Saturday, February 8, 2014

Hot Cool Yours: Simple DIY for Saving Money

It seems all to fitting that they Olympics and my heating situation could both have the same slogan.
Hot Cool Yours
Though, I think it more apt written this way:  Hot?  (No.) Cool = Your[s] (home)
This explains how my apartment feels.
At night it is downright cold.  But there are certain pockets of the space that feel hot.
Such is the condition of a place built in 1913.

One aspect of the apartment that I found appealing aesthetically were the radiators.
Beautiful to look at, and functional, but I haven't utilized these as well as I might have.

After TGBD'13 (the gas bill of December 2013), I found a tip that could help my heated pockets spread the wealth.  The radiators can get quite hot to the touch, so I wanted to increase its thermodynamic radius*.

*I made that term up.

The tip suggested using aluminum foil.  The foil, when placed dull side to the wall has the shiny side facing the radiator.  The logic goes like this, since the heat source is next to a reflective surface the heat should bounce off instead of straight into the wall.
I decided to fix the foil to each wall using Washi tape.
Washi tape is growing to be a popular way to decorate apartments, and I've been looking for a reason to use it.  Since it is adhesive but doesn't leave lasting marks that could jeopardize my security deposit it's great for apartment livers like myself.  I found my tape at Target.

It's difficult to capture, since the behind the wall space is so small, but I pre-folded the edges of the foil, measuring and tearing sheets of about 2 feet each.  I found managing tinfoil longer than that was difficult.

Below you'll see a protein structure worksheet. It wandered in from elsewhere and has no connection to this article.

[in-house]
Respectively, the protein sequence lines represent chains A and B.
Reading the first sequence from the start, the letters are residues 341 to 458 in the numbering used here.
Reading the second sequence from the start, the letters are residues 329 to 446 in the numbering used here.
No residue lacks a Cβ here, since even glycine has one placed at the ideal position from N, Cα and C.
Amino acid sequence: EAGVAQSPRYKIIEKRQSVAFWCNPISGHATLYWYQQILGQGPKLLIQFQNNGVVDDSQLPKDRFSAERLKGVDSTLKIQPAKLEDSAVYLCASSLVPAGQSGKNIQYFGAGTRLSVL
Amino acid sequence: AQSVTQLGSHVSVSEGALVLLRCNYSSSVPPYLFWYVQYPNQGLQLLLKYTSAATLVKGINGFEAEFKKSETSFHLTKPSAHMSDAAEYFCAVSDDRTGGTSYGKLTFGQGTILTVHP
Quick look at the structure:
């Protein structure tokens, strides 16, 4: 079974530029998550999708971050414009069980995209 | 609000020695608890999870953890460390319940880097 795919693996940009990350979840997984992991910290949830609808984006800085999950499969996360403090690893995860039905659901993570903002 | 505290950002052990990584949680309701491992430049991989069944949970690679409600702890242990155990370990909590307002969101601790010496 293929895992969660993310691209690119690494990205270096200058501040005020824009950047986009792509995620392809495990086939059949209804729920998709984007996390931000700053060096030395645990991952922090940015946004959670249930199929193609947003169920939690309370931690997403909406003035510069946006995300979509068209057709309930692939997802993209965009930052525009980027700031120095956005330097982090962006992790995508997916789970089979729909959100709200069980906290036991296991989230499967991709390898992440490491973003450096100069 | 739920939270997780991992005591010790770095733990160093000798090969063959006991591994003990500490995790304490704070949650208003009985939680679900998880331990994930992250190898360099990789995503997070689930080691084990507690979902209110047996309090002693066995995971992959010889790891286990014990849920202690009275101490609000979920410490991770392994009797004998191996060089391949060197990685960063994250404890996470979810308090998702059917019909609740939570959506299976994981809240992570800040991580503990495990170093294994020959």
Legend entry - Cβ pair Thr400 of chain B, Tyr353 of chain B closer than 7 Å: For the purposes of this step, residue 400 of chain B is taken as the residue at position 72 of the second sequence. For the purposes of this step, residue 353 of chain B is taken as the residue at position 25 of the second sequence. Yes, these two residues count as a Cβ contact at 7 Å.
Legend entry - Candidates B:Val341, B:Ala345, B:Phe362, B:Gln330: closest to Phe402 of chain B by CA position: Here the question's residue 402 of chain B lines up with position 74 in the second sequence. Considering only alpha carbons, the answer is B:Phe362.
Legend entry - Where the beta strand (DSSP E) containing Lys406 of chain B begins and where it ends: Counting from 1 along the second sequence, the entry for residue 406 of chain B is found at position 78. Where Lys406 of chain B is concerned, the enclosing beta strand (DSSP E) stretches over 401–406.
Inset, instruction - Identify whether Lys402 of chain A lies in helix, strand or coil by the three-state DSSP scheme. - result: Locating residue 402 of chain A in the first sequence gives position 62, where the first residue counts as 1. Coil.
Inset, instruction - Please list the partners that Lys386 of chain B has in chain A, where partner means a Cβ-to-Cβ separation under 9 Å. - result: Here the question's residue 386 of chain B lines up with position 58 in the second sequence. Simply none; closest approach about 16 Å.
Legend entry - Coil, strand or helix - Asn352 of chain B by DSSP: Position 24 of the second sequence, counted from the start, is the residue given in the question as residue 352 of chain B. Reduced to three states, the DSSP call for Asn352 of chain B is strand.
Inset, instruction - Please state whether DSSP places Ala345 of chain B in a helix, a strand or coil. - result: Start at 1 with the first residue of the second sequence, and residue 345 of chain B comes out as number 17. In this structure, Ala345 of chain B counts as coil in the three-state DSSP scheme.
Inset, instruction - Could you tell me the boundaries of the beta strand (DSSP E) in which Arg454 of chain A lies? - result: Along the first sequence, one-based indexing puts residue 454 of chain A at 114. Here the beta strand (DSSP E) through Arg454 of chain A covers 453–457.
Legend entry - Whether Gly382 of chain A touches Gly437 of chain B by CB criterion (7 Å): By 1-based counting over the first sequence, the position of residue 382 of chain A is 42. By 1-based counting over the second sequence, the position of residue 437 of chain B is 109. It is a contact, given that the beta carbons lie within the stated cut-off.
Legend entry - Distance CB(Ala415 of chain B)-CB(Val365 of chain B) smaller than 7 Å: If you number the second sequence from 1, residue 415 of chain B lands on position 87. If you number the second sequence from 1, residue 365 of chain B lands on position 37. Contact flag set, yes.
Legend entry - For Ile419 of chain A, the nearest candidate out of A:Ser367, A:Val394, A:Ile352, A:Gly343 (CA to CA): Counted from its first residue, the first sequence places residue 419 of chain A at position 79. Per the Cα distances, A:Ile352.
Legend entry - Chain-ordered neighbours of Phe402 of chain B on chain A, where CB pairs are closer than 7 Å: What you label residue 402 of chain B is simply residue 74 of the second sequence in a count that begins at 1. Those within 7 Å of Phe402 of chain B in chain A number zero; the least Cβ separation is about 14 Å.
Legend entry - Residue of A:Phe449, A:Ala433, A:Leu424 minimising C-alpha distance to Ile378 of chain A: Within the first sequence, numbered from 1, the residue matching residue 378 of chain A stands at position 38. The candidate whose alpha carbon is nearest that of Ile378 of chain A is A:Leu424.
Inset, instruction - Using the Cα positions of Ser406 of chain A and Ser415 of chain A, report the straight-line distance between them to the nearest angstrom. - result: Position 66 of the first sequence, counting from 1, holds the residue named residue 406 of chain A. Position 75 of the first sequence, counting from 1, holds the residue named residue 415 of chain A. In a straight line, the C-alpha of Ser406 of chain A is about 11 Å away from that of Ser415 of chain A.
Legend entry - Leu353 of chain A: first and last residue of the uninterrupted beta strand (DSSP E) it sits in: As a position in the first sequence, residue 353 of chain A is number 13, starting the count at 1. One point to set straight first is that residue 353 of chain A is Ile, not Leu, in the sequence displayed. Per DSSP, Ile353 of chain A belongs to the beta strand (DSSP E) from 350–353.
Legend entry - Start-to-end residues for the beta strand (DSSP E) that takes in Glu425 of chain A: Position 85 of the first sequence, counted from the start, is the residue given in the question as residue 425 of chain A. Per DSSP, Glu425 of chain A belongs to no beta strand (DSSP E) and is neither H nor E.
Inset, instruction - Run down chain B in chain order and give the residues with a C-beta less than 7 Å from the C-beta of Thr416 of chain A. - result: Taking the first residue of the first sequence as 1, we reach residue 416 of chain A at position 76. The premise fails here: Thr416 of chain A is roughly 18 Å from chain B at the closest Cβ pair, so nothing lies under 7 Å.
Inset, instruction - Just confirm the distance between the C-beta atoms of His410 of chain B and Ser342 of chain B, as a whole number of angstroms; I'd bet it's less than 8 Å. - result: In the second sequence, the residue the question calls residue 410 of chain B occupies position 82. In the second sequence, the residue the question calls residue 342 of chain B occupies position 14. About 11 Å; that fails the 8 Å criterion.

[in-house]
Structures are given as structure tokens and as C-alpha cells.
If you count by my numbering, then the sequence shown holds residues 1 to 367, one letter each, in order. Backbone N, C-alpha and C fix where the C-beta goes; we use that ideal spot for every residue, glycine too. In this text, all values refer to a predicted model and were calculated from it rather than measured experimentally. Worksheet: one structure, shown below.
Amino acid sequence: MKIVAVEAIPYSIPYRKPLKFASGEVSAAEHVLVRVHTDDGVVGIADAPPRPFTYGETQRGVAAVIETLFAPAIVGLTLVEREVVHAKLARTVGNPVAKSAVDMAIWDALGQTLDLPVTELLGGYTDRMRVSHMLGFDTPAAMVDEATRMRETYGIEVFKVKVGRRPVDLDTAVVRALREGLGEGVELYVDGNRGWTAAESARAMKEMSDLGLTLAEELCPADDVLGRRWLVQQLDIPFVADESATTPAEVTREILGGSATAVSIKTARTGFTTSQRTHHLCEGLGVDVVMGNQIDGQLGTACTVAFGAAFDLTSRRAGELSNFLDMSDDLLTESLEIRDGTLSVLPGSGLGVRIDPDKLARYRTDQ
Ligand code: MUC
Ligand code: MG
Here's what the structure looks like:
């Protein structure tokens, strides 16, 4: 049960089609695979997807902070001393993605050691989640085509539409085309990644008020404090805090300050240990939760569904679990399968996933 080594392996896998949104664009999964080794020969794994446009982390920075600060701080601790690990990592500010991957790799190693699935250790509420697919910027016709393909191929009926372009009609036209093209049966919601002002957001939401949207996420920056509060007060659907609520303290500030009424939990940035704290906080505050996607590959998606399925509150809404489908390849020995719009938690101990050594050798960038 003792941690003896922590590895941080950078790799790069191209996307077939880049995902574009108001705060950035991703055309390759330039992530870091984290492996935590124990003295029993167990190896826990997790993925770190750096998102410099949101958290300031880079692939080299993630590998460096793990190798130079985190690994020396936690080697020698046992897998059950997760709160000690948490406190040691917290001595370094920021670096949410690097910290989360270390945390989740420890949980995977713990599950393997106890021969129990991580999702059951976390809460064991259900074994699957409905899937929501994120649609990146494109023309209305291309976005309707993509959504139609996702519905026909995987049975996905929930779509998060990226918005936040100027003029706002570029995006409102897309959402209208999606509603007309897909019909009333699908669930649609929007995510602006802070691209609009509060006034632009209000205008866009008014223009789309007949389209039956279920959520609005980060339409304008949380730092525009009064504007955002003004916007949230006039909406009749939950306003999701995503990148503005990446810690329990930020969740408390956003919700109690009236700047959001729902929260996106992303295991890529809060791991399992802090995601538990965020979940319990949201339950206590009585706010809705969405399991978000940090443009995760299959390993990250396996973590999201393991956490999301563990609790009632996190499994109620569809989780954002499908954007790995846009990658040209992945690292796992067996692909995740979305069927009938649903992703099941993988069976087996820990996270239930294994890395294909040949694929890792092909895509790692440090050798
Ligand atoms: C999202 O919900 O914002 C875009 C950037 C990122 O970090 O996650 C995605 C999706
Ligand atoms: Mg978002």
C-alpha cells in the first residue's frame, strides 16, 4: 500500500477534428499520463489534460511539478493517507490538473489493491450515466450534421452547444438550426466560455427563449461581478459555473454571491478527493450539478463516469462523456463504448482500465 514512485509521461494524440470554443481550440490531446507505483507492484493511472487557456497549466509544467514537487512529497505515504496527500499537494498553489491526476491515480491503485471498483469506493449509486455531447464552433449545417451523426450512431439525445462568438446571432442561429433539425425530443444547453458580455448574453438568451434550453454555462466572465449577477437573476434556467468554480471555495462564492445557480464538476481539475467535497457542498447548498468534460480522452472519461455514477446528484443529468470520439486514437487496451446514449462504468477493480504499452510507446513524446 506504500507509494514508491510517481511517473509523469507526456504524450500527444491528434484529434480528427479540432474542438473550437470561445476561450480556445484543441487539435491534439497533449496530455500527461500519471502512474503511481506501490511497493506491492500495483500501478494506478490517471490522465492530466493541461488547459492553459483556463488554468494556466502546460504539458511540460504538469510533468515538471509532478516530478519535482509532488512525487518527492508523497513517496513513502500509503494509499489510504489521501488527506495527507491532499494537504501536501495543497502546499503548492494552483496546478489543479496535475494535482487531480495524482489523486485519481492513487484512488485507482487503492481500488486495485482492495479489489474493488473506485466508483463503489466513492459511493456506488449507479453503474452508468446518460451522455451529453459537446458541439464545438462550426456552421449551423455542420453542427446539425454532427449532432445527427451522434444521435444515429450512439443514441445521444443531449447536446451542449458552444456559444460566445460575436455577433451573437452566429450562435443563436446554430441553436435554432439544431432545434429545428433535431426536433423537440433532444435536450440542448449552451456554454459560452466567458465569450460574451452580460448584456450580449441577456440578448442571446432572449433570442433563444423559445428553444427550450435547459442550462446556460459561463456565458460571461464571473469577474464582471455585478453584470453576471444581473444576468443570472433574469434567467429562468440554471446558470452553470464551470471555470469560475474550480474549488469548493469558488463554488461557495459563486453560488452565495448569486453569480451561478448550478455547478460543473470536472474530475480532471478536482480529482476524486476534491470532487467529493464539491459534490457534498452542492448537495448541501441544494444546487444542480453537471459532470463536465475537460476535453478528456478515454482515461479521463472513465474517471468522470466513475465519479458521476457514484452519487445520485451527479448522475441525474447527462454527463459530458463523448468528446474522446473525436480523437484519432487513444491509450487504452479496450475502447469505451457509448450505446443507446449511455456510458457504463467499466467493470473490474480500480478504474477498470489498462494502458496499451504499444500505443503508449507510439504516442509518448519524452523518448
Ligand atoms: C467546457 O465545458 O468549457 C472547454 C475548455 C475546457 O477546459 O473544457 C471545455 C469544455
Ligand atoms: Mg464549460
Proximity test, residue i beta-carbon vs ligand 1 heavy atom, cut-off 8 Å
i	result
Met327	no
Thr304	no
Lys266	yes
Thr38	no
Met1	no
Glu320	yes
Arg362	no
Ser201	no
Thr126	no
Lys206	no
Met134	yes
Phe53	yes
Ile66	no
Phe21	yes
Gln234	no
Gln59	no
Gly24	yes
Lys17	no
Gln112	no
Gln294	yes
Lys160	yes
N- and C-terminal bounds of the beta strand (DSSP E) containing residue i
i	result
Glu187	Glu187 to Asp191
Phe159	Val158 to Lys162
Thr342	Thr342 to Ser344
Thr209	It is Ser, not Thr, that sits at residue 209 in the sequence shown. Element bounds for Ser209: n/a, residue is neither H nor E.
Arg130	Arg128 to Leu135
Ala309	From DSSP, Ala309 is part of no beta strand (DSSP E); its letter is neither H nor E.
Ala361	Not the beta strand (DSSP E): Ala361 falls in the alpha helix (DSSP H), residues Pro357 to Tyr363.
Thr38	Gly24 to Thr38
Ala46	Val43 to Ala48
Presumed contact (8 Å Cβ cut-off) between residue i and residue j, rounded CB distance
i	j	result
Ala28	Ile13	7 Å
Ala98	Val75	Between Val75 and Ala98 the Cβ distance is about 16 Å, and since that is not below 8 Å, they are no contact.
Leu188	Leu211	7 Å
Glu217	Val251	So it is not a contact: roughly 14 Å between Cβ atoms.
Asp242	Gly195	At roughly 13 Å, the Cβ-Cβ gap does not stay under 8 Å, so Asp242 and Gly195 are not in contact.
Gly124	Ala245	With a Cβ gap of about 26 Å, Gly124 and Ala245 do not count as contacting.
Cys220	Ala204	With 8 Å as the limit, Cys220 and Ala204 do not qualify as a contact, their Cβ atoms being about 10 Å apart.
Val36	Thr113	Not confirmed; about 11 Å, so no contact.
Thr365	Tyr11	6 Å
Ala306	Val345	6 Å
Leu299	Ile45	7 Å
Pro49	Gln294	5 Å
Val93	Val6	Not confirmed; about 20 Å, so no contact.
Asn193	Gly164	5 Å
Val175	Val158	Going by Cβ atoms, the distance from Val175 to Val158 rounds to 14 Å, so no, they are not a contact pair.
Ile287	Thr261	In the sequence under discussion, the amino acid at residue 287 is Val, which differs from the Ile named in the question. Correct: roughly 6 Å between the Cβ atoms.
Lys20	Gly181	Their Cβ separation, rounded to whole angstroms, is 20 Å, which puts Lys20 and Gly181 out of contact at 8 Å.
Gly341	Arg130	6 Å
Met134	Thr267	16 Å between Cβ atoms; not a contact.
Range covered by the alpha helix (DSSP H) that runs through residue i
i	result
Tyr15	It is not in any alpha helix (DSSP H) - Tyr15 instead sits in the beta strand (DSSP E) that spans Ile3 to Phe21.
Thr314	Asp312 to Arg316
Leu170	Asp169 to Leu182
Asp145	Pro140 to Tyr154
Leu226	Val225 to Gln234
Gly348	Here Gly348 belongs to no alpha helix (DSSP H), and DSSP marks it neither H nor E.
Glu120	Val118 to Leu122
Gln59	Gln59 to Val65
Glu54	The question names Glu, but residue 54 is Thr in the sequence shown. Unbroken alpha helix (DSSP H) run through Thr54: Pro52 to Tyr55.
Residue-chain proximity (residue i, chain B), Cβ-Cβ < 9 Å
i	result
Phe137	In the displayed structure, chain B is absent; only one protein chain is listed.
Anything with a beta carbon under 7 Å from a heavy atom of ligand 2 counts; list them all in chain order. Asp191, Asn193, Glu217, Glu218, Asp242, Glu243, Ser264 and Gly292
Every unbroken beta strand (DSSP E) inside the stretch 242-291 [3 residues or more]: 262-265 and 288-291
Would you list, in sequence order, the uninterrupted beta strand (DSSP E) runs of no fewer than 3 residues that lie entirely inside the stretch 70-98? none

I don't like wrestling with tinfoil, it just crumples under pressure.
Be ready for the foil to fly up towards the radiator.  I put the Washi tape on the tinfoil to troubleshoot this.

Then I fixed Washi tape at the top and bottom.  I wanted to ensure I had enough tape to place foil behind every radiator.  But now that I have them up, I will be framing the sheets along all edges to help it look a little more polished.

Essentially the foil serves the same function as it would in an oven.  The shiny side reflects heat off in a more useful direction than the wall.  Because who needs a warm wall?  I need warm toes!

Nerd alert: The science behind this intrigues me.  I hope to place thermometers around my apartment and take readings with the foil in place and without to see if there is a difference, or if this project was just had a placebo effect on me.